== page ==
I had my bow set up when I bought it and it felt like I could not miss with it. After a few years I noticed I could no longer take the squirrels from the trees while in the stand waiting for the elk to come in, chalked it up to eyes going bad with age. I took the bow in for a new mainstring and a good look over when the guy asked how long it had been. I am now back to taking small game with ease as it was when I first got it. A couple of my buddies have experienced similar results after having their bows fitted again. These are guys who have shot the same bows for over 15 years.

June 22, 2009, 08:37 AM
Thanks guys.... I will be going with the muzzys after reading posts and talking with the guys at the bow shop.... btw.... I will be having the bow set up by a professional... Specifically making an appointment to buy then have the bow set up by a man whom everyone swears by over here...

June 28, 2009, 05:36 PM
Well, not to brag or anything, well, why not brag? But, I've gotten to the point that at 25 yards, I can call the spot for the arrow, just a matter of holding for a steady, sure release. :D Man, when you start getting it right, this archery stuff is kinda cool. All these years, I never knew. LOL! I still ain't worth a toot with a recurve, but heck, I'll shoot the compound with cheater sights. Can't have fun unless you have better'n even odds of hitting with it.

Anyway, so I just bought 6 of these off ebay. I don't know if they're any good, but hell, how many ways can ya make a 3 blade 75 grain broadhead? If they're junky, I can get better later. I can at least find out if the thing will shoot close to my POI with the 75 grain broadheads. I can get Muzzies for about 4 times the cost. I'll try these first. If they're sharp and they shoot straight, why not? If not, I ain't lost much. LOL

June 28, 2009, 06:33 PM
Any Muzzy tip that will shoot well off of your bow.

Archery Ham
June 28, 2009, 07:26 PM
A few things that I will address and your dealer will too and more:

1) Arrow spine. Pick the correct arrow stiffness for your draw weight. Use the shortest arrow possible, about one inch beyond the rest at full draw.

2) Before you leave the shop, test shoot field points and the arrow/broadhead combination you picked out.

You can have your field points hitting the same place as your broadheads within hunting distances. Some will argue this statement. If your bowsmith knows his stuff, he can make it happen.

My setup: Pearson TX-4 R2B2 Cams, 73#, 29" draw. I shoot Victory V1 300 arrows with Slick Trick heads and FOB "vanes"....425 grains flying at 301 FPS.

Each head stays with its own arrow. Spin tested and fly true to 60 yards.

Good luck. May your arrows fly straight.

41 Mag
July 1, 2009, 11:54 PM
I tried several of the "recommended" broadheads when I got into archery last year. My equipment isn't the top of the line, latest greatest thing since sliced bread either. However, it will hold it's own right along side some of the best names.

I started out on a low budget due to having surgery on both elbows, and not knowing if I would even be able to keep up a routine of practice. I purchased one of the Bowtech Tomkat packages. I figured that if I found I couldn't shoot it at least I would be able to pass it along to a younger nephew who could.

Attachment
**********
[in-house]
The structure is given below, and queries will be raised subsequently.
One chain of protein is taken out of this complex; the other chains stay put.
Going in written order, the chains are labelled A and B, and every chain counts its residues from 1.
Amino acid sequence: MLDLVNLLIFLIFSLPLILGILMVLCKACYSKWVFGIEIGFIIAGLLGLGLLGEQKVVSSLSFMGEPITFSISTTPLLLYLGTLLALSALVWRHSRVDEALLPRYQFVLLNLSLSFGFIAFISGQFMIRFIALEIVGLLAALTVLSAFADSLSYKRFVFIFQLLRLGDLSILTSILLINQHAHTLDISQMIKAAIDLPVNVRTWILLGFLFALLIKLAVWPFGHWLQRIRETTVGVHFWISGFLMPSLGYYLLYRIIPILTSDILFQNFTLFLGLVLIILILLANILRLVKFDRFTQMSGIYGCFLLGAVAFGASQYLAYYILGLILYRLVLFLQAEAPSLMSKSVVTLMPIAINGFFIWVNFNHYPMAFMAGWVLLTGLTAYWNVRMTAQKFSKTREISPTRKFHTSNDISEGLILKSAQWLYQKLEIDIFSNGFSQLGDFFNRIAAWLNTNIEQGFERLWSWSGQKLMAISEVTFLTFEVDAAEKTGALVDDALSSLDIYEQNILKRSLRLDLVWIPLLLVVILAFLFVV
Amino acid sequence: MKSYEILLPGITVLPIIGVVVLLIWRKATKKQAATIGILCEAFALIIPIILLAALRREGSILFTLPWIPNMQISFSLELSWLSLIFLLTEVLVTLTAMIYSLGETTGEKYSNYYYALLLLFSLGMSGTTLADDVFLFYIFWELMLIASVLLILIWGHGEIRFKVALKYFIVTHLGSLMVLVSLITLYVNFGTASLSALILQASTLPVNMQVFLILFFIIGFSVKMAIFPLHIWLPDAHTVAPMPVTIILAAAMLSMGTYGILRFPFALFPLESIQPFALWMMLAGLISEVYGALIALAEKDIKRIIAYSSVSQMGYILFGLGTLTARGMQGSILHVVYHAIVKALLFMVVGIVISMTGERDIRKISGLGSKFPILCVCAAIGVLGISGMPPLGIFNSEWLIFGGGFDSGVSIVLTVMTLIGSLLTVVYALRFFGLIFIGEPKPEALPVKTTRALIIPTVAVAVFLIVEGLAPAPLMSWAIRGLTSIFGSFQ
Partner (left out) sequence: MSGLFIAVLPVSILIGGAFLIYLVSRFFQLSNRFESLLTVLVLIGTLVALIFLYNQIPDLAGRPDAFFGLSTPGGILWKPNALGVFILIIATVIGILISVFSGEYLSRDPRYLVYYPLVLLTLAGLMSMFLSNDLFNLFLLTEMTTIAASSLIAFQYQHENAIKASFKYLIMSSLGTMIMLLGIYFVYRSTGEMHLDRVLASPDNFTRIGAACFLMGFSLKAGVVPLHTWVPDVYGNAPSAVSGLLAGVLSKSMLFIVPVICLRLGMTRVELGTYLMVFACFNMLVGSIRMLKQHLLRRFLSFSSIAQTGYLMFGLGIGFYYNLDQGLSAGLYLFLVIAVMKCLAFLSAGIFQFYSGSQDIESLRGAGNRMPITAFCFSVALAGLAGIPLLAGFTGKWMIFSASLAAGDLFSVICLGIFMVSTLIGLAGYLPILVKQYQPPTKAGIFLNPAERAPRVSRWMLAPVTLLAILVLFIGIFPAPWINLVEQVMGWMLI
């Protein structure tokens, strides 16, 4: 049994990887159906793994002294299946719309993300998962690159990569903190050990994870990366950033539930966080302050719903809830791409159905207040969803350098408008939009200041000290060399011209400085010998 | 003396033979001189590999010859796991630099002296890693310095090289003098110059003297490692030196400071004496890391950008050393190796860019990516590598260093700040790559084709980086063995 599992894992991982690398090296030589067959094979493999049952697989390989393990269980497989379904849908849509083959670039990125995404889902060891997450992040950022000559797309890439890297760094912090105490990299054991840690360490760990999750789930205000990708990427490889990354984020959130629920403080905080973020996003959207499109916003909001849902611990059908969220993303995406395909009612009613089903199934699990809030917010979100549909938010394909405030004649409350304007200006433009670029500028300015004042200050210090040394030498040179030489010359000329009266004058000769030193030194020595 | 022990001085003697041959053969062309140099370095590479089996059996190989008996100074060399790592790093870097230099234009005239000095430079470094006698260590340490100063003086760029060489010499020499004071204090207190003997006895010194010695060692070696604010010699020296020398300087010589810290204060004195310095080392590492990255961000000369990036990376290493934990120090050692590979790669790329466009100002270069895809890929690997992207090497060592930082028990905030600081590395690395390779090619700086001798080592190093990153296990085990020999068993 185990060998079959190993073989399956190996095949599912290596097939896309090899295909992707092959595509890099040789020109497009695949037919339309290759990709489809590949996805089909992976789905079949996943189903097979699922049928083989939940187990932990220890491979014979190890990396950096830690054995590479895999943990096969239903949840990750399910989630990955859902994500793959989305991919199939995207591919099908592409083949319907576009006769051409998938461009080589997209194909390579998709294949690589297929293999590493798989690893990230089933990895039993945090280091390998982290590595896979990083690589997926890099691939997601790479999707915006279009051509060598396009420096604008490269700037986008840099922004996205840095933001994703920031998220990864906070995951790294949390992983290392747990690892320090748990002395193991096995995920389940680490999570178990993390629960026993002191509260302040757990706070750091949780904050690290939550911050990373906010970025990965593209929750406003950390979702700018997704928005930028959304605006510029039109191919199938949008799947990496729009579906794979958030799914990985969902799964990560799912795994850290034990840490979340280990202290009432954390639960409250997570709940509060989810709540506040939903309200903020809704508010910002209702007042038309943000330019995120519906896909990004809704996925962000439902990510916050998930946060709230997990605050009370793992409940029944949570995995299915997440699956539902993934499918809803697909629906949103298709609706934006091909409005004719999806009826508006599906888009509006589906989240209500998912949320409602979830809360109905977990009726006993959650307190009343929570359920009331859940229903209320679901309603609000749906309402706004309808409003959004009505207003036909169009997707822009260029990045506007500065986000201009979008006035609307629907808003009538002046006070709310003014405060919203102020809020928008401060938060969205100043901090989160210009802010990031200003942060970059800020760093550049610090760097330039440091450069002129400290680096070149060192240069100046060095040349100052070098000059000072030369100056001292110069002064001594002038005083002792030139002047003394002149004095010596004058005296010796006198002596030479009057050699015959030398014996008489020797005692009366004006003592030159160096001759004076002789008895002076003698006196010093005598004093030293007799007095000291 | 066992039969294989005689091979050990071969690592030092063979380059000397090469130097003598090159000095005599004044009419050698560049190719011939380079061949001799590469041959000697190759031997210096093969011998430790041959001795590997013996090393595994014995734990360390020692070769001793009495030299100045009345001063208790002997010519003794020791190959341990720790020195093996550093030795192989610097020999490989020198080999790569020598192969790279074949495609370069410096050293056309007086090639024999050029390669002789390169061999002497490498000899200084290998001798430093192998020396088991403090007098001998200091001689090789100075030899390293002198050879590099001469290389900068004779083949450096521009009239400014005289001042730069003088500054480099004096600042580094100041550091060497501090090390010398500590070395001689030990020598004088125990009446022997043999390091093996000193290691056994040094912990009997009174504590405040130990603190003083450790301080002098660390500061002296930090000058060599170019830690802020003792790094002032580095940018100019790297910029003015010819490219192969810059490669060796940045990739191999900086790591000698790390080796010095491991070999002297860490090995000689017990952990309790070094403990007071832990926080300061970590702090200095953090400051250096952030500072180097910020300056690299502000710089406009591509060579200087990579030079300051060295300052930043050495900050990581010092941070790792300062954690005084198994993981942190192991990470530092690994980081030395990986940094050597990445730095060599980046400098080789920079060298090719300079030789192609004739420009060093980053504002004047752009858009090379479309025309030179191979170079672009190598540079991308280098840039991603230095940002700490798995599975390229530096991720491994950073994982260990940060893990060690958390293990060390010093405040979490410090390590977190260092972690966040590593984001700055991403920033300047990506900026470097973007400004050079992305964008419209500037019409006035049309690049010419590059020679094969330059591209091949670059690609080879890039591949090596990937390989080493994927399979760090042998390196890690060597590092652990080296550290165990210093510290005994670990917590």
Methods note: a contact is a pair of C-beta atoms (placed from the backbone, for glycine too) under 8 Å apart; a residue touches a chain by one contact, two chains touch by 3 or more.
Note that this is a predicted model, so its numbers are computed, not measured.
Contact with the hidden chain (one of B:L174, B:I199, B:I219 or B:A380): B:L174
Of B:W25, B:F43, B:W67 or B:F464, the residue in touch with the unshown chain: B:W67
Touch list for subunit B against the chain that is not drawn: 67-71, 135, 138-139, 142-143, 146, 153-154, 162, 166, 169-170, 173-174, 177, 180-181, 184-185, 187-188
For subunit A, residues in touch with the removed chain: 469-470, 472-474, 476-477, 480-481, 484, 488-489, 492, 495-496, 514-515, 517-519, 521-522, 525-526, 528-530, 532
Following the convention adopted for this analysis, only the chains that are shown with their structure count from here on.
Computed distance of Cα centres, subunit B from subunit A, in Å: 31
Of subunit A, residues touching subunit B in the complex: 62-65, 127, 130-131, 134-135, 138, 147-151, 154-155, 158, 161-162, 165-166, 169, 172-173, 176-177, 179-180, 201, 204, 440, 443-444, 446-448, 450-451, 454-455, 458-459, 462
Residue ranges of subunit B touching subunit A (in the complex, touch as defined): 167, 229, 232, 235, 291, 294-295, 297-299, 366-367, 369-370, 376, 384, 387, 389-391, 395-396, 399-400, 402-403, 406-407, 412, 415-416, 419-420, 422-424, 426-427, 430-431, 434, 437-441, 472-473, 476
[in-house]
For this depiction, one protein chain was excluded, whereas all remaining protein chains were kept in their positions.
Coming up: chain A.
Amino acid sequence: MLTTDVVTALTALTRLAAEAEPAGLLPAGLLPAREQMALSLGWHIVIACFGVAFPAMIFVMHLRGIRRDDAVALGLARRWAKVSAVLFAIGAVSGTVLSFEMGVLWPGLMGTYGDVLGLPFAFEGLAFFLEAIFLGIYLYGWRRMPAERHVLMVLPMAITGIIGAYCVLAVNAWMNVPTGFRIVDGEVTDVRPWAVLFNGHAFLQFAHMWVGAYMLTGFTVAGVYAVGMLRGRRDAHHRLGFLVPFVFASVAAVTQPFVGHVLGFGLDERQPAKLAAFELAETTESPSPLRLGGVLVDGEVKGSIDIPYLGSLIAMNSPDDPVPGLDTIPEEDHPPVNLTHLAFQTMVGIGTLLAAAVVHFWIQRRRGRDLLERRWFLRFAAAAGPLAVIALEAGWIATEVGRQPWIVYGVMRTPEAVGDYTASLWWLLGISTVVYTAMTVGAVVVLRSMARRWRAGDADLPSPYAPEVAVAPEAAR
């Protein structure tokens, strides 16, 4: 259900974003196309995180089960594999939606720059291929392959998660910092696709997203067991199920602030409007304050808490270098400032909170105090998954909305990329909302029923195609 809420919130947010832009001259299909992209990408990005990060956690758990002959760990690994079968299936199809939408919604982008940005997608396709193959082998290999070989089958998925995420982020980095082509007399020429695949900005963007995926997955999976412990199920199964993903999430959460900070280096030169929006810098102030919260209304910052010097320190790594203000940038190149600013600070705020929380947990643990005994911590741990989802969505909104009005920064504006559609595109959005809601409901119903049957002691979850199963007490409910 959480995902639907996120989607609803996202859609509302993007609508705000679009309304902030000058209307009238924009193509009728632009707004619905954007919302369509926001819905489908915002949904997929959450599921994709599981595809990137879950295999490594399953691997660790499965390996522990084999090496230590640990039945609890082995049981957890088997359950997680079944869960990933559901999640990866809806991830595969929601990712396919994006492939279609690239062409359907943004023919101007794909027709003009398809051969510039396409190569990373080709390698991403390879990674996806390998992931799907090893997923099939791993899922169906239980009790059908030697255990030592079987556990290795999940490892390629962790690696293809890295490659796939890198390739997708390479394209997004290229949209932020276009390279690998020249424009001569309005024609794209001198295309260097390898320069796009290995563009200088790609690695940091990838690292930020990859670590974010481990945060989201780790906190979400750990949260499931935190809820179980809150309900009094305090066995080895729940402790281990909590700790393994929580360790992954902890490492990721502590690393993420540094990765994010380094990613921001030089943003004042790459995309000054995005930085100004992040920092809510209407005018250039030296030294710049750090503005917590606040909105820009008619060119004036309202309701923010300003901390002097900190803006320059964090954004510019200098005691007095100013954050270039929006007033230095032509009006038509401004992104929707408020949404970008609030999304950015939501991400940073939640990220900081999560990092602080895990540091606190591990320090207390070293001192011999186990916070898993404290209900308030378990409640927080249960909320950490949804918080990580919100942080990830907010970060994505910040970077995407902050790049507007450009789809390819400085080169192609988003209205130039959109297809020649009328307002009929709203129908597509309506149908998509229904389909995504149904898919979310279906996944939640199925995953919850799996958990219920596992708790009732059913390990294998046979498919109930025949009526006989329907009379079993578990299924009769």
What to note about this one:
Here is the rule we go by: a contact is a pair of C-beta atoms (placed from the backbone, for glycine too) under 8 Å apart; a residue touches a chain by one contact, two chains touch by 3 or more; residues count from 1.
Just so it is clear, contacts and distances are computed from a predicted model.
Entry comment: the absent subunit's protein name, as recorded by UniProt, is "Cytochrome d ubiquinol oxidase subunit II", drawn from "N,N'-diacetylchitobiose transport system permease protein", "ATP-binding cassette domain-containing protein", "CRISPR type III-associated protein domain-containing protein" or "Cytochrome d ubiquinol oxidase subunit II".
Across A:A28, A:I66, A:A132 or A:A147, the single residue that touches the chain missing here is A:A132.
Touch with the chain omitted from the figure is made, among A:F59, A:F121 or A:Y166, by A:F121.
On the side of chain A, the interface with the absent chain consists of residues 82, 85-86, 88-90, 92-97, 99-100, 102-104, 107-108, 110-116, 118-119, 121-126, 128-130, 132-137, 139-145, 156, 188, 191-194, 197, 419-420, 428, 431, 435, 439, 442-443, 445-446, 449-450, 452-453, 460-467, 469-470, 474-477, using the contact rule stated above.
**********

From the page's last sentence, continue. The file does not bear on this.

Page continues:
After the afore mentioned broadhead trial, I settled on using the 100gr Slick Trick standard for my first hunt. Myself along with several others found that even using different bows, that they always shot right where our field points hit.

My first deer was a disaster, in that he ducked right, just at the last second and instead of hitting him broadside, I hit him squarely between the shoulders. On impact he slammed sideways about two feet and almost hit the ground. He recovered and off through the brush and undergrowth he went not bothering to try and avoid anything in his path. I knew he was hit hard but wasn't sure how bad so I left the area and let him be. Upon my return two hours later, I found the arrow with the unfortunate green coating. I could not for rhe life of me figure out how I had hit him that far back. Around 10 or so that night I found my answer. I had hit him through the shoulders and the arrow continued right on through and out just inside of his offside ham. Almost a lengthwise penetration and still stuck in the ground pretty well. The entry hole was a mess of broken vertebrae and it is a wonder he managed to go anywhere. Even so I have the utmost confidence that many other heads might not have survived the impact with all of the bone and still gotten through what this one did.

I have since shot a nice hog using another one of the Slick Trick tips the Razor Trick. This one I highly suggest giving a try as it is built almost indestructible. It is a true cut on contact head in every aspect, and will deliver great penetration even through the shoulder of a hog. Here is the entry of one I got not long ago.
you can clearly see where it caught the back part of the shoulder. It went through so fast the hog hardly reacted and simply stood there. Once it did react it only went about 25yds and that was that.

Use what you want, but given the chance, ar least give the Slick Tricks a run for the money. I highly doubt you will find any faults with them or the performance you get form them.

July 3, 2009, 10:10 PM